By Topic

Inventors: `Protect thyself¿: Careful attention to the claims section will go far toward establishing patent validity and extending the scope of protection

Sign In

Cookies must be enabled to login.After enabling cookies , please use refresh or reload or ctrl+f5 on the browser for the login options.

Formats Non-Member Member
$31 $13
Learn how you can qualify for the best price for this item!
Become an IEEE Member or Subscribe to
IEEE Xplore for exclusive pricing!
close button

puzzle piece

IEEE membership options for an individual and IEEE Xplore subscriptions for an organization offer the most affordable access to essential journal articles, conference papers, standards, eBooks, and eLearning courses.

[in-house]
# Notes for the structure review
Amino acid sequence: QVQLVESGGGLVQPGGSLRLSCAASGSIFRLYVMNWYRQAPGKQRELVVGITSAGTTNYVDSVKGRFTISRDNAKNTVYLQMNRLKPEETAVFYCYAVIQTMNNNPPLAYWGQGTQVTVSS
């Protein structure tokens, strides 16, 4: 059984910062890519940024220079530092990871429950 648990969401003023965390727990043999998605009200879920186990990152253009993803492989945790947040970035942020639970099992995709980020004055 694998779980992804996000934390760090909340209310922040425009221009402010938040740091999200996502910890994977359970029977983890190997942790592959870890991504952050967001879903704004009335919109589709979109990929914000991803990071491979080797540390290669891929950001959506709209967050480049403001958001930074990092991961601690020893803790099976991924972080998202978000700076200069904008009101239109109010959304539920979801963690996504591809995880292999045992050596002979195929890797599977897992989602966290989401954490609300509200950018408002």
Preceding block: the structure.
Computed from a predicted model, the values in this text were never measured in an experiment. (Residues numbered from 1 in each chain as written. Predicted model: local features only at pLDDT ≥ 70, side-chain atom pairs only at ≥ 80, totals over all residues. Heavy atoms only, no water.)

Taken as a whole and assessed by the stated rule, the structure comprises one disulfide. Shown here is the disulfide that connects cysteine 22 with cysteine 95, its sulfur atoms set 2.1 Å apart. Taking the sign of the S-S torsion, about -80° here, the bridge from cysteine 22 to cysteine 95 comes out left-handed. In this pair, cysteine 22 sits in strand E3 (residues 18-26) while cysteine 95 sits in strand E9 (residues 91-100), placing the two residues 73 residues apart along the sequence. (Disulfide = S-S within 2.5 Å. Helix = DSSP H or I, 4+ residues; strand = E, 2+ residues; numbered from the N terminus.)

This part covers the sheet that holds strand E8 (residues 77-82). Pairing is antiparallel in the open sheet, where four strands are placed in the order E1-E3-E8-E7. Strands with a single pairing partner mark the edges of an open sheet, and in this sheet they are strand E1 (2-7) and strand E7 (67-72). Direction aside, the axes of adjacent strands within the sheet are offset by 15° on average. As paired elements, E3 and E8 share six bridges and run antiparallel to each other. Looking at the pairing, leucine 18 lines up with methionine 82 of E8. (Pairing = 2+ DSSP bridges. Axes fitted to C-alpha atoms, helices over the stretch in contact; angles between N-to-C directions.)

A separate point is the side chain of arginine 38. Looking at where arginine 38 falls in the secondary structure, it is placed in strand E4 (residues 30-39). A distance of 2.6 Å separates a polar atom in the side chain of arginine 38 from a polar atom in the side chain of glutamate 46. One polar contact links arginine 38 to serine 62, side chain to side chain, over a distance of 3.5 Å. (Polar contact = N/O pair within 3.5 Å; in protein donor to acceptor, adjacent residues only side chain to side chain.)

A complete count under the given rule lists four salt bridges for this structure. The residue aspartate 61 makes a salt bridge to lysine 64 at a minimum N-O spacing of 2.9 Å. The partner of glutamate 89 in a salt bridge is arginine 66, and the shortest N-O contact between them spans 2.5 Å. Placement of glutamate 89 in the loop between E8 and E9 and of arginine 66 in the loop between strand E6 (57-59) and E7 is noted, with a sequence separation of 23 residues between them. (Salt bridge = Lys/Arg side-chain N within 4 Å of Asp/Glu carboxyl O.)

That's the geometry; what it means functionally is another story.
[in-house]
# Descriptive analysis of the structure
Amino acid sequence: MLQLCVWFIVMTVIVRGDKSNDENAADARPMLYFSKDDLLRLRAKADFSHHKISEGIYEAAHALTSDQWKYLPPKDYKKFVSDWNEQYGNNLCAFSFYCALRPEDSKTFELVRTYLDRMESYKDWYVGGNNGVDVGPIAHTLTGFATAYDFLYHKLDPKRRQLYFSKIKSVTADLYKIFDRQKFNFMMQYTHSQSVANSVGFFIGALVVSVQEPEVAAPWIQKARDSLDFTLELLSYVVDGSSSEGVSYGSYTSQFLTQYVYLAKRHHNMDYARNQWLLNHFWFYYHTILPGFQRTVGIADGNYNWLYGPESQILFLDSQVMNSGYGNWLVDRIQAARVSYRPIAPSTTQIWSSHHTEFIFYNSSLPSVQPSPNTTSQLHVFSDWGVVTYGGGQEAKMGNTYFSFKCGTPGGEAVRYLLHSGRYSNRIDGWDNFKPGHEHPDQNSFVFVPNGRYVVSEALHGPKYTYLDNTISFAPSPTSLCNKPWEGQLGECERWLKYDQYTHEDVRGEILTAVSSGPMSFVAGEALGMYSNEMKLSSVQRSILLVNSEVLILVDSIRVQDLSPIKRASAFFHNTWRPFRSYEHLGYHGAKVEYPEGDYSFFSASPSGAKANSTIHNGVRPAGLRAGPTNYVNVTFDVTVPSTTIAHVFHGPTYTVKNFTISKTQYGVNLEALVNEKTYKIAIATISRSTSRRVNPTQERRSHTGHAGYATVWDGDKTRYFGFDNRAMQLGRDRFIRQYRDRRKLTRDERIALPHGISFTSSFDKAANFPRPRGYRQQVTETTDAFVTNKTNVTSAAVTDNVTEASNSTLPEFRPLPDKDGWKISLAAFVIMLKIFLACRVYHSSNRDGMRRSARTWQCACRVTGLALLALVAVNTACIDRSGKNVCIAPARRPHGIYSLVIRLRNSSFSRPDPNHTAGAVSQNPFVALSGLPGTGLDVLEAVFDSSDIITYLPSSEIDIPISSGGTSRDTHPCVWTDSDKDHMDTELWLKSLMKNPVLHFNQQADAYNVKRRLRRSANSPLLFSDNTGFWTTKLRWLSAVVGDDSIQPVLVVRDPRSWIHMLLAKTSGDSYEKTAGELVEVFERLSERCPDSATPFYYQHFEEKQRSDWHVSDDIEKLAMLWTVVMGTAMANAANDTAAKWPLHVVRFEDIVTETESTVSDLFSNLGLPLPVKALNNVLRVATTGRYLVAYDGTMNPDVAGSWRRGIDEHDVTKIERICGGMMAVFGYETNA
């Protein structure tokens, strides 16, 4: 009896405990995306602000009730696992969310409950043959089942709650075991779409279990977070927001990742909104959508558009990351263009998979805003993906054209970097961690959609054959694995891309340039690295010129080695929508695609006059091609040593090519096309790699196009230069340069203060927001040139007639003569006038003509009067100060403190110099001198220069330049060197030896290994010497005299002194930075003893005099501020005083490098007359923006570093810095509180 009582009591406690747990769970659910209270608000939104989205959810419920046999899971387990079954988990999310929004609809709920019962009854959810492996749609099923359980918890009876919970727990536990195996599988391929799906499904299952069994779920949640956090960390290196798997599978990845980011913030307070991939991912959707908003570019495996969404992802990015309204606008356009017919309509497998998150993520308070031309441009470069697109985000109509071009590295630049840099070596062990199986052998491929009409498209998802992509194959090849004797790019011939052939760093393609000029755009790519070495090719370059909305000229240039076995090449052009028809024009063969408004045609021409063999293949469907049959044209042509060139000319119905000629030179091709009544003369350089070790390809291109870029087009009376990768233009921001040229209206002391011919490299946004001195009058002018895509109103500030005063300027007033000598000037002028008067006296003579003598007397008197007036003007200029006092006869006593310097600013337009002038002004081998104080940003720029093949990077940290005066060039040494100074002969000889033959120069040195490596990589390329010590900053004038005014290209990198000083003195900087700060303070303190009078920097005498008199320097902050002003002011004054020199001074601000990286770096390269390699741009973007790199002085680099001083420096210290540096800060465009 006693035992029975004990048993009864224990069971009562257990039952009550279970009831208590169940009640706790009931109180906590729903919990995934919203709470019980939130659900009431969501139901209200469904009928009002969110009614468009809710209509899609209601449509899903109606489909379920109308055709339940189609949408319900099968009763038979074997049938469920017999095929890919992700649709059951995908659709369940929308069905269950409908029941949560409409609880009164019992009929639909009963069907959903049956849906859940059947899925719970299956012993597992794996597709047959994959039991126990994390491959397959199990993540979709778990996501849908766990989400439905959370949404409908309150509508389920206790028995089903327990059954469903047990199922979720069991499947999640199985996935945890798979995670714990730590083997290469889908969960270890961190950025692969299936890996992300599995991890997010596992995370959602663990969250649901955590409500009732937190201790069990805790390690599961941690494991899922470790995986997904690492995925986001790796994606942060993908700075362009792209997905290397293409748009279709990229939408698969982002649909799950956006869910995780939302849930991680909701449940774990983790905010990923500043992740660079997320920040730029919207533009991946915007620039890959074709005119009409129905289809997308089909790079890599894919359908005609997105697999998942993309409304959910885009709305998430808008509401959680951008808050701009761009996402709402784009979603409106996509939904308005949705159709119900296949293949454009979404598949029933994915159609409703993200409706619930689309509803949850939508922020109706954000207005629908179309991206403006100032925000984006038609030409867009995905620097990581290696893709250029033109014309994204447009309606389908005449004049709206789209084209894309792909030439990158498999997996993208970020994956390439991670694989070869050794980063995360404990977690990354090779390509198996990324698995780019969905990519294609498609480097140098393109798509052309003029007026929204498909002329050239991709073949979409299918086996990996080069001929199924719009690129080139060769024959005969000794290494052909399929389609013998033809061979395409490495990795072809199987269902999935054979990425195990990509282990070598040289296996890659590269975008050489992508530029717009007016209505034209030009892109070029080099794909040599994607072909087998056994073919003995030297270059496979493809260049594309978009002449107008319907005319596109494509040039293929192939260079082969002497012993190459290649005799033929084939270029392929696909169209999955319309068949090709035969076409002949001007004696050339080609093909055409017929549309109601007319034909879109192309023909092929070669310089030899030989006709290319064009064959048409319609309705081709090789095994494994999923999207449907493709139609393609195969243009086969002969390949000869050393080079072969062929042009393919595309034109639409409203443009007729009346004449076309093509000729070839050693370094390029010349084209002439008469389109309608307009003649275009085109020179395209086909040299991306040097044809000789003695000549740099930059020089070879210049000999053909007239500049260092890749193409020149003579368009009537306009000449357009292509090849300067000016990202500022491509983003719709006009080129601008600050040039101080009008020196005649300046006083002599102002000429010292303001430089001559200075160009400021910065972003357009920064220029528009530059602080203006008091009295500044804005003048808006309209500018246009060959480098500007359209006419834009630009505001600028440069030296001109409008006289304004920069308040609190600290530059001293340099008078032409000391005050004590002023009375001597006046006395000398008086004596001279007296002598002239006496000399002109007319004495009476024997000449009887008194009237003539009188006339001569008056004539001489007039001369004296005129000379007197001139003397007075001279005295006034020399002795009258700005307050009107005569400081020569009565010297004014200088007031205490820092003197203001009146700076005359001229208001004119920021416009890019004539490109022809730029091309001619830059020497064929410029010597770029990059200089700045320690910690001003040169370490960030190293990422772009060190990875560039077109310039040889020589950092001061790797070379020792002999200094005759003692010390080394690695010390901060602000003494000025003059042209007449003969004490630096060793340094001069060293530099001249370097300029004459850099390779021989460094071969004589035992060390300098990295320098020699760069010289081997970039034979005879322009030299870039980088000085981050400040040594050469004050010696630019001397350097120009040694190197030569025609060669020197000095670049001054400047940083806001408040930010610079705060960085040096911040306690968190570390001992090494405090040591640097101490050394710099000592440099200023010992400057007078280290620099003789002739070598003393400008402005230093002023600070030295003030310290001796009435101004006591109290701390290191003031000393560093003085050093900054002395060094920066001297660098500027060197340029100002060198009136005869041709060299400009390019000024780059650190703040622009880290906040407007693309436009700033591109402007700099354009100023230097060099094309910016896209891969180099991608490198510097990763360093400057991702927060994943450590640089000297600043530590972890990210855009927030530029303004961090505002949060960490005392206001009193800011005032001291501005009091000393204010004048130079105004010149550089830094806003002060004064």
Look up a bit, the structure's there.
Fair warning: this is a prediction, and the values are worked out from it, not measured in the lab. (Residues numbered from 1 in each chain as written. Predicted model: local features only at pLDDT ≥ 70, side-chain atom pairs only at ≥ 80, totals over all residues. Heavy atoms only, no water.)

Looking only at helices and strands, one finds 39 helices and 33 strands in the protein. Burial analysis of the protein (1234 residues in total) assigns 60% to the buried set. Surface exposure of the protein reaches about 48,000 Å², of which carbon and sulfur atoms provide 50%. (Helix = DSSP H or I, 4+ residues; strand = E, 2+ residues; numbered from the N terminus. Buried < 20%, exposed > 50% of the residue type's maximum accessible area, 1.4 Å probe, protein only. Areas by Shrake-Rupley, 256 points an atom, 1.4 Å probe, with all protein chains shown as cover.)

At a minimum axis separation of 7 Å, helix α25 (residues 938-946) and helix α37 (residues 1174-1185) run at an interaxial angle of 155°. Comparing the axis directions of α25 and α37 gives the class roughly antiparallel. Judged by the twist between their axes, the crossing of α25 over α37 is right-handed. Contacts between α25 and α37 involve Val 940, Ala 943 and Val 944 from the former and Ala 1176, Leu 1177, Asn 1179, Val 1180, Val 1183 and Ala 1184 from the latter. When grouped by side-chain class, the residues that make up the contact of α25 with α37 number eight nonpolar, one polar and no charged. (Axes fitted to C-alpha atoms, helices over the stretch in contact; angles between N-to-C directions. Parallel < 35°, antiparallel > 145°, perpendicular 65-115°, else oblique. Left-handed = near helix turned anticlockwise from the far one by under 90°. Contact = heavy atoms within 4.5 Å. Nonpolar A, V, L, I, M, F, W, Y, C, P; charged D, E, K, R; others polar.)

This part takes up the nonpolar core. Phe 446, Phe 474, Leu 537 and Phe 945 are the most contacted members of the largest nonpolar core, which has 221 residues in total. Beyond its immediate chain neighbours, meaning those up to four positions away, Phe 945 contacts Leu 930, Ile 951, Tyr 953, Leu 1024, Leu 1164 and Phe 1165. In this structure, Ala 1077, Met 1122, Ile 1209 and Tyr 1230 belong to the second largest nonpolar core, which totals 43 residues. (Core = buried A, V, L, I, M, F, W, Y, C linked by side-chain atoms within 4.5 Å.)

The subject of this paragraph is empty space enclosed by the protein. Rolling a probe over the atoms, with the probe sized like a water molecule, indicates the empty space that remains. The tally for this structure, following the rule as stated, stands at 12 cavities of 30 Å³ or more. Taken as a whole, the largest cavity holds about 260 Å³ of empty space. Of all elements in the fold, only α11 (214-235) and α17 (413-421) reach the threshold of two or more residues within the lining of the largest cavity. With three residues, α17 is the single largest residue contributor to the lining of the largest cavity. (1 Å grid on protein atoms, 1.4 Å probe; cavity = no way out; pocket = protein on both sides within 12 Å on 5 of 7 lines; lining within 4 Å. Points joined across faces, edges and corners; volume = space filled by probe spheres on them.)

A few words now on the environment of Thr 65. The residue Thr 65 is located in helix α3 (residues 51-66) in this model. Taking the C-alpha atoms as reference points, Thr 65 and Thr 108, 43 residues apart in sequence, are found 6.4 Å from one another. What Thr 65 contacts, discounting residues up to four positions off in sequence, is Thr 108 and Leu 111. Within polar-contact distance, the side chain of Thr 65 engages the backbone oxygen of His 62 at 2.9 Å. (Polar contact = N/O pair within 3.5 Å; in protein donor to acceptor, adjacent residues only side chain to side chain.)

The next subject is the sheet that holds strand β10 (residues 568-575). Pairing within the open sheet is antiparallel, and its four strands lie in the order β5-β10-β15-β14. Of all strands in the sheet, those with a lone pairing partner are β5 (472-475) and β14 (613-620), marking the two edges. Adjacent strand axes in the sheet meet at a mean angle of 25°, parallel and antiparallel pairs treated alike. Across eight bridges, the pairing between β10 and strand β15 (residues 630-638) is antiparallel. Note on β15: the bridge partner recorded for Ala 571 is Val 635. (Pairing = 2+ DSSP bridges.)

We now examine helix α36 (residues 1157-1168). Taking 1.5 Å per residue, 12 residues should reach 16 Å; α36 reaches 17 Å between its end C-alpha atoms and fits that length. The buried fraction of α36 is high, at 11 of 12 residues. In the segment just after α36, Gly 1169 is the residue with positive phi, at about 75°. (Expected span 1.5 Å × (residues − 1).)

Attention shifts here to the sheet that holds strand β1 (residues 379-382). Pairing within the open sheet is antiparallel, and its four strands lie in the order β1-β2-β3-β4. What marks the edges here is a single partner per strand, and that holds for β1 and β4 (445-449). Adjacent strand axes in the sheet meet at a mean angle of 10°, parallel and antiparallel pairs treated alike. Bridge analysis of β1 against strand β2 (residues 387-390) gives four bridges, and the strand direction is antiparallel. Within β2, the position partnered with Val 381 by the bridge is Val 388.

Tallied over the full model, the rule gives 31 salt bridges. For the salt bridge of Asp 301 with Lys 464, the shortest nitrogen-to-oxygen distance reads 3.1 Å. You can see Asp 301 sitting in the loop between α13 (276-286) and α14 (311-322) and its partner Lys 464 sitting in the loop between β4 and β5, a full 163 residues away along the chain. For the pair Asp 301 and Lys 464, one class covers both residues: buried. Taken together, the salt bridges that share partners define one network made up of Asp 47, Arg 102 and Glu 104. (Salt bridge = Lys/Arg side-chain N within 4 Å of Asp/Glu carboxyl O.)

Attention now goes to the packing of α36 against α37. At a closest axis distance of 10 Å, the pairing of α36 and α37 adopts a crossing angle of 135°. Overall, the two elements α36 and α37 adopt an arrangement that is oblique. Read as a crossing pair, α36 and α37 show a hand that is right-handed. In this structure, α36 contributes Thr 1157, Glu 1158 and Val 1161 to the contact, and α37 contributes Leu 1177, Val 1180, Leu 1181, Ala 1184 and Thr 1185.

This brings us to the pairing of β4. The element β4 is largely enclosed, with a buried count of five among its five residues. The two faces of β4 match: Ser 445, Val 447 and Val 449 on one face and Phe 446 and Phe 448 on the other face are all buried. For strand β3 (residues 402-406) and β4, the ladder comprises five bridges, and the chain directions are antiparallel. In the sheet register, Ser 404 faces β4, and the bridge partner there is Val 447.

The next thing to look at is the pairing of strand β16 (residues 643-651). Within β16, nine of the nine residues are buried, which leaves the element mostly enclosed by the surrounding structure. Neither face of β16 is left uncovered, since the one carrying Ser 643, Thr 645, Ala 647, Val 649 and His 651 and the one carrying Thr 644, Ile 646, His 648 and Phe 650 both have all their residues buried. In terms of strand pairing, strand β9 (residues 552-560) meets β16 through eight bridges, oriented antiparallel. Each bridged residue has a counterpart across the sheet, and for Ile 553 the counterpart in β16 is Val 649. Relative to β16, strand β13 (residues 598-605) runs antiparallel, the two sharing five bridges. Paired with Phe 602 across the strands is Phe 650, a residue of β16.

Learn more about:

IEEE membership

IEEE Xplore subscriptions

1 Author(s)
Rackman, Michael I. ; Gottlieb, Rackman & Reisman

The single most important reason why so many electrical patents are of dubious value is that inventors fail to participate fully in the task of patent preparation. The vast majority of inventors carefully review drawings and descriptions before their patent applications are filed. But unfortunately, an almost equal proportion totally ignore the claims section (one-paragraph summaries of the invention), with the excuse that they are legal jargon and, therefore, incomprehensible in the first place. These engineers overlook the fact that the validity of the patent and the scope of the protection are measured by the claims. The most accurate and thorough description will be of no avail, and would-be infringers will be able to ¿design around the patent,¿ if the claims do not succinctly set forth the crux of the invention.

Published in:

Spectrum, IEEE  (Volume:15 ,  Issue: 2 )